Ha ha, hi there all you pals, it’s me, Burl! Yes, I’m here to review another motion picture for you: one of the Great Burt Trilogy of 1985! Ha ha, as you probably recall, that was the era in which Burt Reynolds, as his predecessor Andy Warhol had done a decade earlier with Flesh, Trash and Heat, released three single-word-title movies, Stick, Malone and, again, Heat!
Of course I’ve already reviewed Malone for you, and today’s review is for Stick! This picture is based on an Elmore Leonard novel about an ex-con named Stick Stickley who returns to Florida and gets mixed up with a bunch of crazy criminals, while trying to stay as straight as he can and reconnect with the teenage daughter whose childhood he mostly missed due to being in the pokey! Most of this was retained for the movie, except they turned it into more of an action thriller, with some chase scenes and gunplay and so forth!
Apparently these more action-packed scenes were added in after Leonard had done his bit for the picture! It’s funny, for most of the movie you see Stick put a punching or a kicking on the bad guys, then taking away their guns and tossing the firearms away! He appeared to be one of that special brand of action hero, The Guy Who Doesn’t Like Guns! As one of those myself, I always applaud this approach! But then, for the climax of the picture, Stick finds himself a machine gun and rat-a-tat-tats many a henchman into an early grave, ha ha! And after the movie stiffed theatrically, Universal Pictures clearly wanted to emphasize the popgun action, as you can see from their video box cover!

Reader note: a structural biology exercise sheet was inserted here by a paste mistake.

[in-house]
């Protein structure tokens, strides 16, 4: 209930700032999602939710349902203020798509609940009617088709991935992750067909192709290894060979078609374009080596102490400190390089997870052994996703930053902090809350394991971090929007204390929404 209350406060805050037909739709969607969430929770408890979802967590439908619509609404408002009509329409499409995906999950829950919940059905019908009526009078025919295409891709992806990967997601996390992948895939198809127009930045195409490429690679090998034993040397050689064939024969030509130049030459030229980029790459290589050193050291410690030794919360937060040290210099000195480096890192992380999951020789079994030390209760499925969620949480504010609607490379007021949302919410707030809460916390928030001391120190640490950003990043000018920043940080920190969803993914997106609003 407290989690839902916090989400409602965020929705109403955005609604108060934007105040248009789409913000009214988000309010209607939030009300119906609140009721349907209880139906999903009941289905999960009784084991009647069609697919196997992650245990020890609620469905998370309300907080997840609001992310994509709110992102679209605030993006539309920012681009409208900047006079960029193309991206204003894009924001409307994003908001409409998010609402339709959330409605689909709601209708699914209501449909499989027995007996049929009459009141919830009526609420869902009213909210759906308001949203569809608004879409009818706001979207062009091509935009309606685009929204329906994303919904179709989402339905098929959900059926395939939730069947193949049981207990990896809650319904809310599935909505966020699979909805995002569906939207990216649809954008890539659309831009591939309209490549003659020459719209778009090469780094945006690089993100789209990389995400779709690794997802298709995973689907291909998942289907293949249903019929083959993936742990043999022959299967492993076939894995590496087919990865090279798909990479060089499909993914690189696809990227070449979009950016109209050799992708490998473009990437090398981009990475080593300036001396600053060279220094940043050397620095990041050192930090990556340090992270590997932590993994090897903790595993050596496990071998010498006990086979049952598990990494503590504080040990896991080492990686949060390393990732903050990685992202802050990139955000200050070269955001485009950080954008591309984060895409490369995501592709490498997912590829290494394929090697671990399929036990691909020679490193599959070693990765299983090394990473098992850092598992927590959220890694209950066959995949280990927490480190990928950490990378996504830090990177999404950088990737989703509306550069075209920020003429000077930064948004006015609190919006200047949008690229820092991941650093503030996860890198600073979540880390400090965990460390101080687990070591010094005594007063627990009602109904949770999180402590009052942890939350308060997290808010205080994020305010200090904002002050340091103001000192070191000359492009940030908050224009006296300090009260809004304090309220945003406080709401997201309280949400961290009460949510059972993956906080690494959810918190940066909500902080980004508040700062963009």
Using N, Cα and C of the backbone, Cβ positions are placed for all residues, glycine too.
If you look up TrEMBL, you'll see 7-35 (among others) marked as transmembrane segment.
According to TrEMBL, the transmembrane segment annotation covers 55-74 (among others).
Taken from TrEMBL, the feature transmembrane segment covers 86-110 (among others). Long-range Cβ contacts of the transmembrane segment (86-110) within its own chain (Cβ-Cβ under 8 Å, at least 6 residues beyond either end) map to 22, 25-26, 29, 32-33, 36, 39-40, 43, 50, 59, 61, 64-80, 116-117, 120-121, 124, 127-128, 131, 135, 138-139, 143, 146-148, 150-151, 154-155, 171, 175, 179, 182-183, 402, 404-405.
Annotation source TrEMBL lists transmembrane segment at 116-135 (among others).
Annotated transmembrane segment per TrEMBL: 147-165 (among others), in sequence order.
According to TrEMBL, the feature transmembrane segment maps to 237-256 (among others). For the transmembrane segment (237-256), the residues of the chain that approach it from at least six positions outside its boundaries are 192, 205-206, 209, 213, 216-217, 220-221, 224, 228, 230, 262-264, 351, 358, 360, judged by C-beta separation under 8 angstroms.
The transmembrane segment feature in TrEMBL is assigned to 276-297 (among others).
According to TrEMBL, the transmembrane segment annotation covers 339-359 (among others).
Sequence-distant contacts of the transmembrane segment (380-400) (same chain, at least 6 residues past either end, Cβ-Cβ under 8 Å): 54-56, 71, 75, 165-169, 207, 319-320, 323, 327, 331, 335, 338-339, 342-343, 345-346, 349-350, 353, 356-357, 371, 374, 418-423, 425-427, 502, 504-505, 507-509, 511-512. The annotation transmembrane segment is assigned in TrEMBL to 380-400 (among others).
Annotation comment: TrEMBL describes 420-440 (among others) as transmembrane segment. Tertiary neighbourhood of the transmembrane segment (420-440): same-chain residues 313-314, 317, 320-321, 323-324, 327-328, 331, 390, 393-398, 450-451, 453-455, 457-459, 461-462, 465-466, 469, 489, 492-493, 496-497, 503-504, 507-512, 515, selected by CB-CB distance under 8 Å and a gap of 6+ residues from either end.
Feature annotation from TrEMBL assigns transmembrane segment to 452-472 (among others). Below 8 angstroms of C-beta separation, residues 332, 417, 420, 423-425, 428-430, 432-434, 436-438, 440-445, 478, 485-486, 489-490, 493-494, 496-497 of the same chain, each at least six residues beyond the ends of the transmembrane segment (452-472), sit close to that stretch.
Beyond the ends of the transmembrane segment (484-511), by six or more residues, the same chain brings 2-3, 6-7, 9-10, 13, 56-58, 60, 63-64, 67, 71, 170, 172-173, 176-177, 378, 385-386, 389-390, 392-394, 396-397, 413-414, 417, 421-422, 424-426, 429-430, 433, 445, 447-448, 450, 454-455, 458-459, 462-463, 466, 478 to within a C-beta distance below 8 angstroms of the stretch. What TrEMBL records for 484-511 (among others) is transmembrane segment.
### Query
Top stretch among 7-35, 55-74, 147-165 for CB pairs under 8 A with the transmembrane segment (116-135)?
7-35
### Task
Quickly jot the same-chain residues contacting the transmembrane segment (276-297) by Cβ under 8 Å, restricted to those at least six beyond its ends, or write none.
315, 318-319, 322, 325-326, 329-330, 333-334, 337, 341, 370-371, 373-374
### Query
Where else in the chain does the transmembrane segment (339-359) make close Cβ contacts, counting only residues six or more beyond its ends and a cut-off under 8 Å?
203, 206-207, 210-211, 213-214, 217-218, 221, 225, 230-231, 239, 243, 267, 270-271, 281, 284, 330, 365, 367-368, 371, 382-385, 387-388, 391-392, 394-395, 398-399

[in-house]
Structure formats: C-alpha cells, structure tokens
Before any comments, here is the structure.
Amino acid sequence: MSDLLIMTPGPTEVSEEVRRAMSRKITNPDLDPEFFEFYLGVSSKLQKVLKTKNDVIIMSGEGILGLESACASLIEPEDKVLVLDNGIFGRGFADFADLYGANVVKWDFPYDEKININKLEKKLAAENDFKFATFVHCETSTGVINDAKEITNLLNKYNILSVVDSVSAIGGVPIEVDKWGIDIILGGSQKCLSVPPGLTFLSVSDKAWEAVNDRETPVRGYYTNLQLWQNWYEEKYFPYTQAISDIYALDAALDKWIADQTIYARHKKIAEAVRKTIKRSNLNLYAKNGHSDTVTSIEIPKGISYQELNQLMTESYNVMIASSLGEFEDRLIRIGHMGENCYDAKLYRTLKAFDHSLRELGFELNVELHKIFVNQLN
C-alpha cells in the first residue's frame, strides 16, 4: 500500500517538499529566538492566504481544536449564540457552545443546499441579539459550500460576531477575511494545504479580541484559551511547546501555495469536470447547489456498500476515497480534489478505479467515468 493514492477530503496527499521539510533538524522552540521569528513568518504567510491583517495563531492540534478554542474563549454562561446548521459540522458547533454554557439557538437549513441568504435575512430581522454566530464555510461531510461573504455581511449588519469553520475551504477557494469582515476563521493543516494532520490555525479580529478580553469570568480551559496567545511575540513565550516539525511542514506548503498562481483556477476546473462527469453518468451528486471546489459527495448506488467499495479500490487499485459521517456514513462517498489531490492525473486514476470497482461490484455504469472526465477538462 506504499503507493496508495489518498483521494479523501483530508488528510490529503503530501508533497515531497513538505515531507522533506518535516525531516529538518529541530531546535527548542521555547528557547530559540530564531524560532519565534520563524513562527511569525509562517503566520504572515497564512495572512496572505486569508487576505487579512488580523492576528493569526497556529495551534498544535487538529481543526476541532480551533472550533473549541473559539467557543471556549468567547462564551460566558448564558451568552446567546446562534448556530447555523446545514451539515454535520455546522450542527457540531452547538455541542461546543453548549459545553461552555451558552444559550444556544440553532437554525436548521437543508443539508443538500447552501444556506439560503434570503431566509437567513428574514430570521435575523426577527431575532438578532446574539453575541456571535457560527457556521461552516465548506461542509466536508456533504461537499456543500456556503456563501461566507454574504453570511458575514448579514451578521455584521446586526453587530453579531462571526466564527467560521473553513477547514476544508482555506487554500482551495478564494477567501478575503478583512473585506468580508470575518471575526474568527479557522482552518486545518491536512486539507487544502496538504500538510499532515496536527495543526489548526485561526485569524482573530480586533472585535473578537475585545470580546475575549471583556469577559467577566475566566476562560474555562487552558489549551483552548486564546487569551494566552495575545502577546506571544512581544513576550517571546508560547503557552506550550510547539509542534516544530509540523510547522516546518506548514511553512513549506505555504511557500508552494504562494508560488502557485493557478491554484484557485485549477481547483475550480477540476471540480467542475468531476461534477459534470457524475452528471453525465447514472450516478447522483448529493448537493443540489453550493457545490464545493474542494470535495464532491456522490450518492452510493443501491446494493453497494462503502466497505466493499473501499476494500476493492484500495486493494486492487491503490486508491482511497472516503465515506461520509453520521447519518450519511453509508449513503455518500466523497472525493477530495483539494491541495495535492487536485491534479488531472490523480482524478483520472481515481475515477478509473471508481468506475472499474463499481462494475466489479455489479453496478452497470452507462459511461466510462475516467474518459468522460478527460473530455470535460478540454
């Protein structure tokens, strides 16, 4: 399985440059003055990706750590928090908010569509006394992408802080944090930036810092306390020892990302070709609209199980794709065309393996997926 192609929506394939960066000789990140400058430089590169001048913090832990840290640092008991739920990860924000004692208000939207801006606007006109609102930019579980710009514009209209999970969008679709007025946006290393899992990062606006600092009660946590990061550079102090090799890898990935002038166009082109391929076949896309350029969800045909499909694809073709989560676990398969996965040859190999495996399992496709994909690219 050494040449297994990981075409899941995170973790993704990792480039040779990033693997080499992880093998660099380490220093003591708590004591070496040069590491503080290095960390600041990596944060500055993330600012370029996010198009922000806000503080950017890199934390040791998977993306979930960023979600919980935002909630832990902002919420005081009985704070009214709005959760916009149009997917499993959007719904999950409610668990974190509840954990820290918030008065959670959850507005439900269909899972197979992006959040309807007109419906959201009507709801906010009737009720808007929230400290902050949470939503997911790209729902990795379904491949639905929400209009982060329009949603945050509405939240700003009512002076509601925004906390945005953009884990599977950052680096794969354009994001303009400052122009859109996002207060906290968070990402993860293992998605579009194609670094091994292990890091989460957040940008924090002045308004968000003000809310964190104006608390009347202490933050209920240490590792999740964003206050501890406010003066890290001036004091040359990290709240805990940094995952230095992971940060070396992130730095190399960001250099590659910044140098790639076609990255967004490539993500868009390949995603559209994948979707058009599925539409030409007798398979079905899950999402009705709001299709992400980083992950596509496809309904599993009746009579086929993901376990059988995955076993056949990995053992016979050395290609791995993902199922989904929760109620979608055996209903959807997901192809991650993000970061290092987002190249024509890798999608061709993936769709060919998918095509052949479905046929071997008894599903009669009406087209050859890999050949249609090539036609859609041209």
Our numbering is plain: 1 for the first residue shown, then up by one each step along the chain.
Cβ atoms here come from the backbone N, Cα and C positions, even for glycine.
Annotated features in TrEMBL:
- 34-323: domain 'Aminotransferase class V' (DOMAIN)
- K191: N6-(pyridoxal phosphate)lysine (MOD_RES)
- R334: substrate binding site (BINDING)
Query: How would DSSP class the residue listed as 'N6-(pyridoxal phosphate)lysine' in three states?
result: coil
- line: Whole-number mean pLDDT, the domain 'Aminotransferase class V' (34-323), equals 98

The movie’s not such a good one, though! It’s not just the eleventh-hour tampering; pretty much the whole movie seems like something Michael Mann might have made after accidentally swallowing a bottle of barbiturates! There are a few high points, and one of them is the creepy albino henchman played by stunt maestro Dar Robinson! He’s a nasty piece of work, but actually he takes a lot more punishment in the picture than he doles out! Burt puts a pretty sound punching on him, and then, in an amazing stunt that I wish had been filmed better (though it’s still pretty good), he falls off a high-rise balcony, firing his gun all the way down! Ha ha, thud!
There’s a pretty weird cast! Charles Durning dons a clown wig to play some sort of drugs ganglord, who in the book is an entirely different sort of character! Then there’s a supposedly scarier drugs ganglord who must have been found at Central Casting, Hispanic Division! George Segal appears as The World’s Most Obnoxious Man! And then we see Candace Bergen, the boringest actress in Hollywood, as Stick’s new girlfriend!Burt directed this one himself, and he pulls off a decidedly workmanlike job! “Workmanlike” might have been coined specifically to describe his work here, in fact! His hairline changes from shot to shot and scene to scene, and he obviously had a pretty good time instructing actresses to ogle him as though he were the greatest thing they’d ever seen! In the end, the picture is so thouroughly 1980s that it’s hard to truly dislike it, and I’m going to give Stick two angry stinging scorpions!
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